A common criticism of the Council is its uneven focus on long thematic debates, in lieu of addressing country-specific human rights issues, which the United States views as the core product of the Council. A 2016 Brookings report notes, however, an upward trend in time and resources directed to country-level abuses. The report also found that, while a disproportionate bias towards Israel persists, a wider array of states are coming under Council scrutiny, including through its universal periodic review mechanism, which covers all UN member states. This positive trend underscores the universality of the international human rights system and helps human rights defenders advance their campaigns at the local level. This is not to say that thematic debates do not matter. The United States and its allies need to continue defending existing norms and advance new ones, as it has done on issues of freedom of association, defamation of religions and LGBT rights.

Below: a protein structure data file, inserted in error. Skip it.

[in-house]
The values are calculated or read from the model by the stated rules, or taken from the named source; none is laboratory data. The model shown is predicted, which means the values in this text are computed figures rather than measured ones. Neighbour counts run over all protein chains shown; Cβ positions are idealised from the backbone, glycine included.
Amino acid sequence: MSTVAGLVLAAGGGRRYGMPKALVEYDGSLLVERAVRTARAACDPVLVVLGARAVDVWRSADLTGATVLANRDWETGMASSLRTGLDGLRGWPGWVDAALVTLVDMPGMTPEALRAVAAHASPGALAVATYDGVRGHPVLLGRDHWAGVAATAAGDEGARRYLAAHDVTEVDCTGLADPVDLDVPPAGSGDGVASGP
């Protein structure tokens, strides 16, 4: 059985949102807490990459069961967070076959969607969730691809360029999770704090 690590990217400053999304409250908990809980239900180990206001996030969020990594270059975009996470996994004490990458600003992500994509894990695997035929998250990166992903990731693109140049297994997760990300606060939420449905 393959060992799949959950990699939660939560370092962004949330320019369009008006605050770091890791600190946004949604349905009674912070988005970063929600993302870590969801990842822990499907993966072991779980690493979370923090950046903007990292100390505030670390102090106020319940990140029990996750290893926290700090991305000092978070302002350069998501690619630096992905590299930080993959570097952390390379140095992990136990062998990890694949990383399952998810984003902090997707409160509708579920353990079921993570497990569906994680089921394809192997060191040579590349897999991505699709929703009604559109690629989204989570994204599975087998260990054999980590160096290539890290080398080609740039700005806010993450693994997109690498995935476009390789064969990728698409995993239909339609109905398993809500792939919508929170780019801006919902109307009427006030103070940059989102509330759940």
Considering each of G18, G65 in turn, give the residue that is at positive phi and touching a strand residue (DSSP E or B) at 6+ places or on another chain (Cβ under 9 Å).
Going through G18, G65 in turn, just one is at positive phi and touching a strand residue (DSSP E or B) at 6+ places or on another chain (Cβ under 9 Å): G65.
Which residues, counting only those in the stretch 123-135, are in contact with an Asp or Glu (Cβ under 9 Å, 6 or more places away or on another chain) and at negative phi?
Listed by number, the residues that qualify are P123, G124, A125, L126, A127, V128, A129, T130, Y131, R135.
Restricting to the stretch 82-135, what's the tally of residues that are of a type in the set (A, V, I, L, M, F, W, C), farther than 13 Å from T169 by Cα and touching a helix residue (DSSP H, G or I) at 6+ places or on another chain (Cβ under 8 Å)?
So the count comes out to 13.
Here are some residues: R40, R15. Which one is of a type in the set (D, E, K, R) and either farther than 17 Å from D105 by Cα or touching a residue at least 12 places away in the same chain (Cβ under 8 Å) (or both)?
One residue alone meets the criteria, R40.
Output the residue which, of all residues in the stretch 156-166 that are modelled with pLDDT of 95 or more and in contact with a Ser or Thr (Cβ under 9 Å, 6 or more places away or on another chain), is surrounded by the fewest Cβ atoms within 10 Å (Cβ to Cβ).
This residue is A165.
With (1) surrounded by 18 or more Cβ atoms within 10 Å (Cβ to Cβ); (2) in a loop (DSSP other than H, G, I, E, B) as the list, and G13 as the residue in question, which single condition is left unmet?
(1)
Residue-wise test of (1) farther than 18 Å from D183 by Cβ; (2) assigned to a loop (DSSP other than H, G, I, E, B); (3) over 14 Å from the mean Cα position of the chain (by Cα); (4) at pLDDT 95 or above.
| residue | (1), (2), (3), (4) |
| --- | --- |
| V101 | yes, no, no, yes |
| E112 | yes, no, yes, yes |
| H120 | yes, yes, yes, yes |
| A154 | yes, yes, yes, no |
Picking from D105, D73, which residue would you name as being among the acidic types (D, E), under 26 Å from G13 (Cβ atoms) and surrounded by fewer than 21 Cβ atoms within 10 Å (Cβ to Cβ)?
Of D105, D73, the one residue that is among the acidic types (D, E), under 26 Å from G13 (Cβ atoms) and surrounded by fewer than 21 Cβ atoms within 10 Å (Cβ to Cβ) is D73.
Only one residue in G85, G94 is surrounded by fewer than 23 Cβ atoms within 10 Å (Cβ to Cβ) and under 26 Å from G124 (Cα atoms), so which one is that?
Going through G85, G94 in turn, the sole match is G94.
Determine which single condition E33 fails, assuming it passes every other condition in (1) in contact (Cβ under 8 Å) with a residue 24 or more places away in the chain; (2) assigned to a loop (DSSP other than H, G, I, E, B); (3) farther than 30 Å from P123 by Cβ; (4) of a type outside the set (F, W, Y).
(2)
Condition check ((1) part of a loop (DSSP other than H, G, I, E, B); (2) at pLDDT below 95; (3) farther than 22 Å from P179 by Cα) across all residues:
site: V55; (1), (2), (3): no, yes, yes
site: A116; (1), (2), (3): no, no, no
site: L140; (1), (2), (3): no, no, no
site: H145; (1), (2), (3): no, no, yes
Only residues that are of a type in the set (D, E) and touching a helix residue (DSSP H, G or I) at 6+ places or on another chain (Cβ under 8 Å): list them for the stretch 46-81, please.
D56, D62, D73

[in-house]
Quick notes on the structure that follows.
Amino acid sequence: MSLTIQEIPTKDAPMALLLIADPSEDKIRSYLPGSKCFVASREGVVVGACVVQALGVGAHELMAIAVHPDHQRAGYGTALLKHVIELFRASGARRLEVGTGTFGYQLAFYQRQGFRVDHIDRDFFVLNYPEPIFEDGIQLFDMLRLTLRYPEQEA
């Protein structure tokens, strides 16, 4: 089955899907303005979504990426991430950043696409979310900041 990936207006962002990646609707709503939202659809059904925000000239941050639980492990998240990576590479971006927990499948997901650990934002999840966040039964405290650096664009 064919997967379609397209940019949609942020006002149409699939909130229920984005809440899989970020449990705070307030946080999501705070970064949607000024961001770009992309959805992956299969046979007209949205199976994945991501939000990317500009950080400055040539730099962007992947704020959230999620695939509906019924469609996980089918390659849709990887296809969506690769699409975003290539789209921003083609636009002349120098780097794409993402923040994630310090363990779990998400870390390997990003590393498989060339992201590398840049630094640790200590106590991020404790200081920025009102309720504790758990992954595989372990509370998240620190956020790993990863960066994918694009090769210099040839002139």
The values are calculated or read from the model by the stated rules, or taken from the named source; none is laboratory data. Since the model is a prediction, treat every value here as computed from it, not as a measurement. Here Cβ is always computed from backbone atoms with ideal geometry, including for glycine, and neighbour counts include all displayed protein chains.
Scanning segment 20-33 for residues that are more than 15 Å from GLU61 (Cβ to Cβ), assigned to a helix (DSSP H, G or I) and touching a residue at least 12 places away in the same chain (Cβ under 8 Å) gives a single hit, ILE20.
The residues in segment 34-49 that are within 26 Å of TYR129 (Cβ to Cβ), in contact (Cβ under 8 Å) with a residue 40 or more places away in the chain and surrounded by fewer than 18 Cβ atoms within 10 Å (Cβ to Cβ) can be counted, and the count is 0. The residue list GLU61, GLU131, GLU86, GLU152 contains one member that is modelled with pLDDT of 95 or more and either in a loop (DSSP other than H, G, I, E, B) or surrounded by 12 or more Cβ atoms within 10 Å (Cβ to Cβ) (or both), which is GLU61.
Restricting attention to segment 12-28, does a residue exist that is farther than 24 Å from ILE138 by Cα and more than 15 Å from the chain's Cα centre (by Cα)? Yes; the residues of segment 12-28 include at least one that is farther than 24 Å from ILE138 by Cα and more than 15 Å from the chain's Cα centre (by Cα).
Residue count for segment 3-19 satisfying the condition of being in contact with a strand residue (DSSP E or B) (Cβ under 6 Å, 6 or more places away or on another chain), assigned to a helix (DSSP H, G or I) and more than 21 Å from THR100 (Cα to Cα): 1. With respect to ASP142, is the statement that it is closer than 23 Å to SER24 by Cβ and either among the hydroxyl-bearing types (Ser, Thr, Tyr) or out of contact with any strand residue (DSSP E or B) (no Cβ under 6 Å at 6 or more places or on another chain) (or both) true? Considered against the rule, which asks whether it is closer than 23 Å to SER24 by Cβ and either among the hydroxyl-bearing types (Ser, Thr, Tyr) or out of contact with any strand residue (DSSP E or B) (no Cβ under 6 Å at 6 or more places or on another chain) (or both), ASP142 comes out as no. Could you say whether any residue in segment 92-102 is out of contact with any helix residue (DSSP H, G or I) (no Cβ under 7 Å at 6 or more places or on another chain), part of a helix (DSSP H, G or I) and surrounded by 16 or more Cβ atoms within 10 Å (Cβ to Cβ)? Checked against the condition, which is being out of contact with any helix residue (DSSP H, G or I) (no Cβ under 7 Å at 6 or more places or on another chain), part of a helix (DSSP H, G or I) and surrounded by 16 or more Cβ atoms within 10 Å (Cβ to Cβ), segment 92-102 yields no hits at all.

While contemplating disengagement from the Council, the Trump administration is trying to use it as a vehicle for raising pressure on certain countries it deems unfriendly. At the UNHRC session in June, for example, Haley paid extra attention to the dire human rights abuses perpetrated by a fellow Council member, Venezuela, a move strongly supported by her close ally in the Senate, Marco Rubio. In her lone day spent at the Council in Geneva, she led a U.S.-sponsored side evert on the “rapidly deteriorating human rights situation in Venezuela.” She also mentioned Venezuela no fewer than ten times between her official statement at the Council and speech at the Geneva Graduate Institute. In contrast, perennial human rights abusers Iran, North Korea, Saudi Arabia, and Syria were mentioned a total of ten times, combined.
Singling out Venezuela also illuminates and strengthens Haley’s case for better membership. If Venezuela has become such an egregious human rights abuser, how can it possibly be allowed a seat at the Council? At the September session, however, it looks unlikely that the U.S. delegation will lead the charge to condemn Venezuela, preferring to find regional allies to spearhead the effort.
Rhetoric versus reality